For just those two criteria, it does not appear that helpful, as one might thing it is just easier to do the same by dynamically building your WHERE condition by either putting only first_name or last_name, or both, or none. So your code will have to dynamically build 4 versions of the same query. Imagine what would happen if you have 10 different criteria to consider, then how many combinations of the same query will you have to manage then?

Compile Time Optimization

I also might add that adding in the 0=? as a bind variable switch will not work very well if all your criteria are indexed. The run time optimizer that will select appropriate indexes and execution plans, might just not see the cost benefit of using the index in those slightly more complex predicates. Hence I usally advice, to inject the 0 / 1 explicitly into your query (string concatenating it in in your sql, or doing some search/replace). Doing so will give the compiler the chance to optimize out redundant statements, and give the Runtime Executer a much simpler query to look at.

(0=1 OR cond = ?) --> (cond = ?)
(0=0 OR cond = ?) --> Always True (ignore predicate)

In the second statement above the compiler knows that it never has to even consider the second part of the condition (cond = ?), and it will simply remove the entire predicate. If it were a bind variable, the compiler could never have accomplished this.

Because you are simply, and forcedly, injecting a 0/1, there is zero chance of SQL injections.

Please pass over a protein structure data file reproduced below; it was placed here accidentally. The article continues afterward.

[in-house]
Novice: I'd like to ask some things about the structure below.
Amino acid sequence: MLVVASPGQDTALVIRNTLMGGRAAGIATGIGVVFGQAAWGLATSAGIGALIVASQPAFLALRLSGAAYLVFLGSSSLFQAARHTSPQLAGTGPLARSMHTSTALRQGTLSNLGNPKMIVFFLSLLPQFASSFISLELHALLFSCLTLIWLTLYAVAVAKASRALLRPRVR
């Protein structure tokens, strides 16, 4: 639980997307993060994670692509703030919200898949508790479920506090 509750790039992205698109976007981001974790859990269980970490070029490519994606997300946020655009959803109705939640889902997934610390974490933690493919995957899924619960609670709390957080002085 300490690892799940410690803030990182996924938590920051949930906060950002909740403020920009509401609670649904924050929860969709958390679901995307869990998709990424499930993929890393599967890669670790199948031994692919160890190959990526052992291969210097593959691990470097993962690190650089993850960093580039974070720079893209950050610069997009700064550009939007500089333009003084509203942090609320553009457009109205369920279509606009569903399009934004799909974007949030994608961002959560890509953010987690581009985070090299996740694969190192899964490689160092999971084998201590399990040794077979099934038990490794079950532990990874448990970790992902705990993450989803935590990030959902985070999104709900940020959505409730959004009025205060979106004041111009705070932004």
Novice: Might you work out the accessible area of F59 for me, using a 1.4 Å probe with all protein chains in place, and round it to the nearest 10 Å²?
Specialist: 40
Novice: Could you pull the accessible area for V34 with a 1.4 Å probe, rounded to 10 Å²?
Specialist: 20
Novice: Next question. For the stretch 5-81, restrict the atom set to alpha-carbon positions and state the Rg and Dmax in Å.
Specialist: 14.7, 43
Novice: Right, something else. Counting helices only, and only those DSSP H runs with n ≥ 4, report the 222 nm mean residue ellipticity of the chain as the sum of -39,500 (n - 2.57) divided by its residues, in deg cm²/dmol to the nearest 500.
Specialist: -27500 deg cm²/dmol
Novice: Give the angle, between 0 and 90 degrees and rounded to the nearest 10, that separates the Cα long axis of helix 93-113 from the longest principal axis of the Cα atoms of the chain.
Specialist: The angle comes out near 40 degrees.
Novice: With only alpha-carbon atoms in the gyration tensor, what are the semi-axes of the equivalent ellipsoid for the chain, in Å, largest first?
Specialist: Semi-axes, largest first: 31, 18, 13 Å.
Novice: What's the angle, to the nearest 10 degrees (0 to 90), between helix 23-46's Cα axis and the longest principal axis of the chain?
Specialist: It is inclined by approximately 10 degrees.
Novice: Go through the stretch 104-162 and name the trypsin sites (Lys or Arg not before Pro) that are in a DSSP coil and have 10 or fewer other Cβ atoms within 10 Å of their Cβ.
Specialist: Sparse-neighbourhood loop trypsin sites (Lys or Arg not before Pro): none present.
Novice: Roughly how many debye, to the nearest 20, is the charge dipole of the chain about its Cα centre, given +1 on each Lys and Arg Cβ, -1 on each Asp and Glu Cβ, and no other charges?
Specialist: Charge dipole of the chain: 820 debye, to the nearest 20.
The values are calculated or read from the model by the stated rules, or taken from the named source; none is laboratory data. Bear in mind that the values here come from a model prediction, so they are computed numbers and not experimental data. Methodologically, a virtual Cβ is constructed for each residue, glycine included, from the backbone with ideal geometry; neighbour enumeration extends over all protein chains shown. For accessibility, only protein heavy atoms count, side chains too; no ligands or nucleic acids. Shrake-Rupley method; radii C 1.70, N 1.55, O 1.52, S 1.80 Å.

In my SQL's, as one approach, I typically place my sql injection points as ${literal_name}, and I then simply search/replace using a regex any ${...} occurrence with the appropriate literal, before I even let the compiler have a stab at it. This basically leads to a query stored as follows:

  AND (0=${cond1_enabled} OR cond1 = ?)
  AND (0=${cond2_enabled} OR cond2 = ?)

Looks good, easily understood, the compiler handles it well, and the Runtime Cost Based Optimizer understands it better and will have a higher likelihood of selecting the right index.

I take special care in what I inject. Prime way for passing variables is and remains bind variables for all the obvious reasons.


This is very good in metadata fetching and makes thing generic. Many DBs have optimizer so they will not actually execute it but its still a valid SQL statement and should execute on all DBs. This will not fetch any result, but you know column names are valid, data types etc. If it does not execute you know something is wrong with DB(not up etc.) So many generic programs execute this dummy statement for testing and fetching metadata.


Some systems use scripts and can dynamically set selected records to be hidden from a full list; so a false condition needs to be passed to the SQL. For example, three records out of 500 may be marked as Privacy for medical reasons and should not be visible to everyone. A dynamic query will control the 500 records are visible to those in HR, while 497 are visible to managers. A value would be passed to the SQL clause that is conditionally set, i.e. ' WHERE 1=1 ' or ' WHERE 1=0 ', depending who is logged into the system.


quoted from Greg

If the list of conditions is not known at compile time and is instead built at run time, you don't have to worry about whether you have one or more than one condition. You can generate them all like: